Android Enterprise debuted with 5.0 Lollipop in 2014 as an optional* solution manufacturers could add to their OS builds in order to integrate a common set of device management and EMM APIs. From 6.0 Marshmallow it was no longer optional and has since been a mandatory component for all manufacturers.
Android Enterprise (AE) offers a few things:
With the introduction of 5.0 Lollipop Google also made user profiles available to phones in addition to the tablets that had already had it. Using the same underlying functionality Android Enterprise is able to create a managed user profile that although sits entirely separately encrypted on disk, integrates directly with the current user on the device in order to provide both personal and work applications in the same app drawer – the latter indicated by a briefcase:
There are two ways of enabling Android Enterprise, the first and original is through a GSuite managed domain that requires either an existing GSuite subscription or a free single-user account used for little more than initial setup. If domain verification hasn’t already been done through GSuite, the business will need to undertake a couple of tasks to prove they own the domain they’re setting AE up against.
The second and newer method is Android Enterprise Accounts and works with any Gmail account – No domain verification required, takes practically minutes to set up and Google manages the individual Android Enterprise accounts on the managed devices, meaning there’s no need for additional Gmail or GSuite user management.
Whichever method is used, it’s then possible (but not necessarily required since GSuite has basic EMM functionality) to link one of many existing EMM platforms which support AE (even Intune!) and configure the corporate Play Store.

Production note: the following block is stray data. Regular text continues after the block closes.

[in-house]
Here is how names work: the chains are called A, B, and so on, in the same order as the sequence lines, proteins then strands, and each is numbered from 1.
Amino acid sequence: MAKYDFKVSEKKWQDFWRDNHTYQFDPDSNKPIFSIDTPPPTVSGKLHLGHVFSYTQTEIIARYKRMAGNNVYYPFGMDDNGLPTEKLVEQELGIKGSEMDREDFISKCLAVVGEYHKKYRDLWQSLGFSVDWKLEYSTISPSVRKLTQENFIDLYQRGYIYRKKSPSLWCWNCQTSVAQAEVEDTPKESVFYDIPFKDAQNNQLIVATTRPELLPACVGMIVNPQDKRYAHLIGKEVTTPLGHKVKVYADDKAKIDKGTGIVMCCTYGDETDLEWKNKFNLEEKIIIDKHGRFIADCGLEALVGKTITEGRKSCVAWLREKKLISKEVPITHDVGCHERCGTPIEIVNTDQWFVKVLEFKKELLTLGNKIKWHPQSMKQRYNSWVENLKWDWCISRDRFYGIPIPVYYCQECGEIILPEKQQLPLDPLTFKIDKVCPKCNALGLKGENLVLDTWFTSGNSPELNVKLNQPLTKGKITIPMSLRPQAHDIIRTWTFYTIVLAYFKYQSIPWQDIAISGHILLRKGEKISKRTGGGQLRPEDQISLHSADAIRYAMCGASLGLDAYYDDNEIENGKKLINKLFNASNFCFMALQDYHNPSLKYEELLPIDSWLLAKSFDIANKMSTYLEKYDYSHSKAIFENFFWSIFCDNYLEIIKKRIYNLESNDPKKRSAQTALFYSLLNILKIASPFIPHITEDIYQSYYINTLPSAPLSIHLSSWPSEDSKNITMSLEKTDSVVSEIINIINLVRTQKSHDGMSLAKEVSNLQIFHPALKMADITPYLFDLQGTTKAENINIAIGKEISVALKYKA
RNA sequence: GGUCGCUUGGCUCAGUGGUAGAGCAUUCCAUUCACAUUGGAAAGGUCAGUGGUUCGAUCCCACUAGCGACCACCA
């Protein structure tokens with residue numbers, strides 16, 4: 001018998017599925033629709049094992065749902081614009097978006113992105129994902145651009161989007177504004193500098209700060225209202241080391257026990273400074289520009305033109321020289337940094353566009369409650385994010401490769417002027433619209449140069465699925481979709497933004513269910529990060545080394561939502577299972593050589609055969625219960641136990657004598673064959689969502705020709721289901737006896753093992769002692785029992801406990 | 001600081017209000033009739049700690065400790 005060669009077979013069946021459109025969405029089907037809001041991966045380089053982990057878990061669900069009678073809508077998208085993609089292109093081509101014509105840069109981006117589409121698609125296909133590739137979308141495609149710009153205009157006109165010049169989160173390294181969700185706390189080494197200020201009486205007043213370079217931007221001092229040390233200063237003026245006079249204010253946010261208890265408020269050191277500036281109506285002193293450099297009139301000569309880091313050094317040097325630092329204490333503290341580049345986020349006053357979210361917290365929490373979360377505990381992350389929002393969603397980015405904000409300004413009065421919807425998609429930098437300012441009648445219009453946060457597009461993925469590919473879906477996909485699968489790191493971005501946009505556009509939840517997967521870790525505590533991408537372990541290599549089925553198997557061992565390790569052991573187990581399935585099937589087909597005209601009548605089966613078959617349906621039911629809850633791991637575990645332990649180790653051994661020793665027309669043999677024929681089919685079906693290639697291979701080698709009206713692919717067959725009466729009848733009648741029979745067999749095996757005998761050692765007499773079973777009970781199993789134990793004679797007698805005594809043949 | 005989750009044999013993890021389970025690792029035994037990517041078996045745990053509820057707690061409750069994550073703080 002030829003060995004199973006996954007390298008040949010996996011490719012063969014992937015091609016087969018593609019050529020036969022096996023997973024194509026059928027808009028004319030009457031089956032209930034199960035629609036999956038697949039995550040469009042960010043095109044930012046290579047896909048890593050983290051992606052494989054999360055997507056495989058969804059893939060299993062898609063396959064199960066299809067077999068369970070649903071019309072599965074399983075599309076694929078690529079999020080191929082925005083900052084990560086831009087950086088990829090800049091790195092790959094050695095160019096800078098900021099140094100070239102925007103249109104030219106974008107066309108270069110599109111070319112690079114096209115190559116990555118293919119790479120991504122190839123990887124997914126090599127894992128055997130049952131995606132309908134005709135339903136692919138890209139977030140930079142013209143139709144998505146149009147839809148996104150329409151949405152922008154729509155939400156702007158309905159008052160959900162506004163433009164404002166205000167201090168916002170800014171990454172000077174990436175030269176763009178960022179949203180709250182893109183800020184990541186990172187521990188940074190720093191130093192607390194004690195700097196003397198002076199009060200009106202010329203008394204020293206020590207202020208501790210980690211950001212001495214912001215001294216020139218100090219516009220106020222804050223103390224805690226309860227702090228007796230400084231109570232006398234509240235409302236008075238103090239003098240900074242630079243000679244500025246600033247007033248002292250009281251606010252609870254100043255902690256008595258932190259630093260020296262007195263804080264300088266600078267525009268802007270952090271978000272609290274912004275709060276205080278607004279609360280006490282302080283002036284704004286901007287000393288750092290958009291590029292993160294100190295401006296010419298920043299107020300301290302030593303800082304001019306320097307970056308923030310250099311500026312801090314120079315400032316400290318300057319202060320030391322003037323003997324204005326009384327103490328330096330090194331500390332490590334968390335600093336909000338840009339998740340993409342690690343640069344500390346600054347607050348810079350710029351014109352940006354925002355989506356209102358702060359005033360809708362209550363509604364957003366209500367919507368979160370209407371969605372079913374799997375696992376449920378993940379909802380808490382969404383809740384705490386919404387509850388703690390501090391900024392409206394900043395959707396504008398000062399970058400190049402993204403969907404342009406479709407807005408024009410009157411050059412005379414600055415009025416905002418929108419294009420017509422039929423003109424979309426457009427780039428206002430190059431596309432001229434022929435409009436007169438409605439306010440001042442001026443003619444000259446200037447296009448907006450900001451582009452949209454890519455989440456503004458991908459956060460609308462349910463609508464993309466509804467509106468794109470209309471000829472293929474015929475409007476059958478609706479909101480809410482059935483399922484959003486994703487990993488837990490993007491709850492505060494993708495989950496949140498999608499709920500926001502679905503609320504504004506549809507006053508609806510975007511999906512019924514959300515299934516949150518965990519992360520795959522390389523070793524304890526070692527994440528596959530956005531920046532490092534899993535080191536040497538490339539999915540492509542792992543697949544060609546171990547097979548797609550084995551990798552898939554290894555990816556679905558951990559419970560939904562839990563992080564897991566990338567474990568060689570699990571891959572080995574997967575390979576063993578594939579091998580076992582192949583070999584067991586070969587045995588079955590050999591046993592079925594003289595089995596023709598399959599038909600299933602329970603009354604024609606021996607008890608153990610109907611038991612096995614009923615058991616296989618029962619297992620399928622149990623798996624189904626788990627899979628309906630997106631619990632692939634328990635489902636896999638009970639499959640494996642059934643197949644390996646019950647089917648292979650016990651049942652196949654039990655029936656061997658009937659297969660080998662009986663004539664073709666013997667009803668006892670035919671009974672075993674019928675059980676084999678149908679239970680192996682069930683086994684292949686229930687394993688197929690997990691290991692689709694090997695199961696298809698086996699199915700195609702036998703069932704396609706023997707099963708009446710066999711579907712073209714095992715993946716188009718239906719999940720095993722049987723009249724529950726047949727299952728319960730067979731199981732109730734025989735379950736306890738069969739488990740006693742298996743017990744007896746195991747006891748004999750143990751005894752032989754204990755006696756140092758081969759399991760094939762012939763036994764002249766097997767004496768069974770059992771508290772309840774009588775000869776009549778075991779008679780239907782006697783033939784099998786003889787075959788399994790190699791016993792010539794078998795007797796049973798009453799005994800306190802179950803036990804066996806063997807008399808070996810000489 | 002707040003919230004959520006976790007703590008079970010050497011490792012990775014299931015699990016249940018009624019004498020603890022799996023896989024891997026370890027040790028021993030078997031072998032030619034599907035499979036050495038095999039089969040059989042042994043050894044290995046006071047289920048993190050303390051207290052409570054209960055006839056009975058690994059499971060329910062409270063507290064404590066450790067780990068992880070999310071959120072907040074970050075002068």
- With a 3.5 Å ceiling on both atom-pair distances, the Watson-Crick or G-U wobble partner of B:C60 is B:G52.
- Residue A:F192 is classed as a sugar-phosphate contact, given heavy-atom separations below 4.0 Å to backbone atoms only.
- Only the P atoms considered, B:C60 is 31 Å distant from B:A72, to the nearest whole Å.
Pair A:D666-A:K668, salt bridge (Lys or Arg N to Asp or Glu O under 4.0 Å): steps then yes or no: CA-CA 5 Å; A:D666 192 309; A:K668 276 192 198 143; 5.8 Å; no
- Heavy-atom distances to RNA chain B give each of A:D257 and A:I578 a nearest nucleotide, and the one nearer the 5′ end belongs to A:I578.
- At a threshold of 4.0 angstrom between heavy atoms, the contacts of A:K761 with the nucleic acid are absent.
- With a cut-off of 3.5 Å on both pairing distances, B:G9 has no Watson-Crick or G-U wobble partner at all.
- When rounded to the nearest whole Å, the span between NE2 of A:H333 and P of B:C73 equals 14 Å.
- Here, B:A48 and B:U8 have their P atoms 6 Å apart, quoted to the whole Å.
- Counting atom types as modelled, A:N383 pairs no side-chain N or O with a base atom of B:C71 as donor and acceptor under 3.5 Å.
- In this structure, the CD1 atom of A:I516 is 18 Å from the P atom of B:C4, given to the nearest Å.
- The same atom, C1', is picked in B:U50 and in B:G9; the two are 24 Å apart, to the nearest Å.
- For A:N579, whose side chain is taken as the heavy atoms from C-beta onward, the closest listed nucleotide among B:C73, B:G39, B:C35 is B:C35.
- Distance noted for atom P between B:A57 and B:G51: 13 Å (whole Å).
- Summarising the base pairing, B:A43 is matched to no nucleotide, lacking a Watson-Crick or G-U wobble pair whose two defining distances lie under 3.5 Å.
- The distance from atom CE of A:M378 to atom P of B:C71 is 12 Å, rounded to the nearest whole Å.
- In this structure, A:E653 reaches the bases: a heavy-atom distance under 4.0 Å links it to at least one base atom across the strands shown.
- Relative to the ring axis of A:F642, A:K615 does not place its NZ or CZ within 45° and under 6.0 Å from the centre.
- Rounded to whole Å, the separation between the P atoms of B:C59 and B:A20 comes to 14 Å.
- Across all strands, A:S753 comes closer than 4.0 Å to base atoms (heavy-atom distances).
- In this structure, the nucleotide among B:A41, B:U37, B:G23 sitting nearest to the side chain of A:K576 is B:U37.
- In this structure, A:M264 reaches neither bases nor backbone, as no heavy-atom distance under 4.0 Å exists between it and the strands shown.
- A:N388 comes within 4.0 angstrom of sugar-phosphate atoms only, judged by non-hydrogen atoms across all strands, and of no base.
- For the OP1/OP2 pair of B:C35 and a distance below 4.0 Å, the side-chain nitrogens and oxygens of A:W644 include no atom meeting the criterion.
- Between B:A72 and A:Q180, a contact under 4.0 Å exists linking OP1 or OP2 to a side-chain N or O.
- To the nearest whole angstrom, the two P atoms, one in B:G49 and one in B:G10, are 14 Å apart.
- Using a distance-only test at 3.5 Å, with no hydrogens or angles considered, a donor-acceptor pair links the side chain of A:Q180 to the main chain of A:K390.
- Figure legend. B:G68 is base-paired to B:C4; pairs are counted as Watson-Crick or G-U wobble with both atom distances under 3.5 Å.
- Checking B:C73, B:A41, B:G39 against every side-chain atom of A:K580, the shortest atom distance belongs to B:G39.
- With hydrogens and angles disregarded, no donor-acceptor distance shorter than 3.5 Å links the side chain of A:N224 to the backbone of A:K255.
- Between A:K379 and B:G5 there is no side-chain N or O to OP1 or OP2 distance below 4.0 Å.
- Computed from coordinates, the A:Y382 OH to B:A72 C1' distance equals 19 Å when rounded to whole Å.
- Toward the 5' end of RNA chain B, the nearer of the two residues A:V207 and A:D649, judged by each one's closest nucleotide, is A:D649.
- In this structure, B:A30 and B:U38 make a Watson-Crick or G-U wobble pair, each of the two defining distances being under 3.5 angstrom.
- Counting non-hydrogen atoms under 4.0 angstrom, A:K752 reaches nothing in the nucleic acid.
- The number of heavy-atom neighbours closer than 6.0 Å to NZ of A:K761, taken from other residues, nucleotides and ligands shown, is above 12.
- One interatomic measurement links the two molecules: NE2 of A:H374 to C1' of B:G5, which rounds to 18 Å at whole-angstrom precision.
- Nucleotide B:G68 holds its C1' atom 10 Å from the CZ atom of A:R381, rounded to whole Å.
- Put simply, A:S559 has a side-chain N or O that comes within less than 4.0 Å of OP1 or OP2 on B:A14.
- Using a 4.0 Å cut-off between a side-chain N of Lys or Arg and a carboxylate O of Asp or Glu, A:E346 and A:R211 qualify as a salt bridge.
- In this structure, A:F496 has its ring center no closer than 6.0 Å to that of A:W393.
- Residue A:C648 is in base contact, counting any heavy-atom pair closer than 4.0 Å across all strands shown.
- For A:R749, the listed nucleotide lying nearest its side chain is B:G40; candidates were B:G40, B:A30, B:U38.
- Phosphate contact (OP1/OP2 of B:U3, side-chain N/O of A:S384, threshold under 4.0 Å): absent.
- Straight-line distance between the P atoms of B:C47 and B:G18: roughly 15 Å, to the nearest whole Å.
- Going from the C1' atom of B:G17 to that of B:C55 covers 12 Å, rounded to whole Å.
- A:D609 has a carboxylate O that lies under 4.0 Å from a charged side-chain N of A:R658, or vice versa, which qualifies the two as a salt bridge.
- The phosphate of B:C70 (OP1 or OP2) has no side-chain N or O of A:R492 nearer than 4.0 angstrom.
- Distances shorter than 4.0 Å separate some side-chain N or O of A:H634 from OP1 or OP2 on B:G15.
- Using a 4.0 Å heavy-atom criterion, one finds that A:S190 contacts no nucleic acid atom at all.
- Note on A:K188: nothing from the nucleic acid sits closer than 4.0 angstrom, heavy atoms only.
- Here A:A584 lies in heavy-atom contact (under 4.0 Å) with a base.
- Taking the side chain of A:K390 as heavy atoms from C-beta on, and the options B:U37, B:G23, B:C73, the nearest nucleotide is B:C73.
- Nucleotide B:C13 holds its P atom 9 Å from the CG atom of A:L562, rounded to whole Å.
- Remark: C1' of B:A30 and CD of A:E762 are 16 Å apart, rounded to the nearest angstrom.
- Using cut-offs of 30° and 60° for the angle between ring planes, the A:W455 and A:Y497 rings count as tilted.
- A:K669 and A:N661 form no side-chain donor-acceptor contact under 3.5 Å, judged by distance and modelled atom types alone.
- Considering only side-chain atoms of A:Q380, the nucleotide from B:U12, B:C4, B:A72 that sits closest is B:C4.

Some EMM platforms don’t make use of the Enterprise Play Store application and instead manage apps through the integrated EMM app catalogue as has always been traditionally available, an example would be MobileIron:
Notice the briefcases on managed apps? Source: bayton.org, photo: MobileIron Core 9.2
The benefit of utilising an EMM platform for app management is app config, making it extremely easy to tailor applications to the business for immediate use on deployment, no additional end-user config required:
Source: bayton.org, photo: MobileIron Core 9.2
For EMM admins the above config may look familiar, though apps like Chrome offer far more granular functionality around permitted domains, browser functionality and more.
When Android Enterprise is deployed, it looks something like this:
Source: bayton.org, photo: Android 6.0 BYOD Android Enterprise
The mix of work and personal apps together on the above BYOD handset demonstrates the level of integration; as an end-user it feels like just another few apps installed, despite the underlying profile configurations working to separate and secure that corporate data. Should an enterprise wipe be issued, it simply removes the AE profile and leaves all userdata untouched.
The BYOD model isn’t quite perfect yet, with the feedback most commonly circling around the lack of additional authentication.
Consider BlackBerry’s Good, MobileIron’s Apps@Work or AirWatch’s Container. With these containers they sit as apps on the device and when opened, can be configured to require a PIN or passcode to unlock the enterprise content within.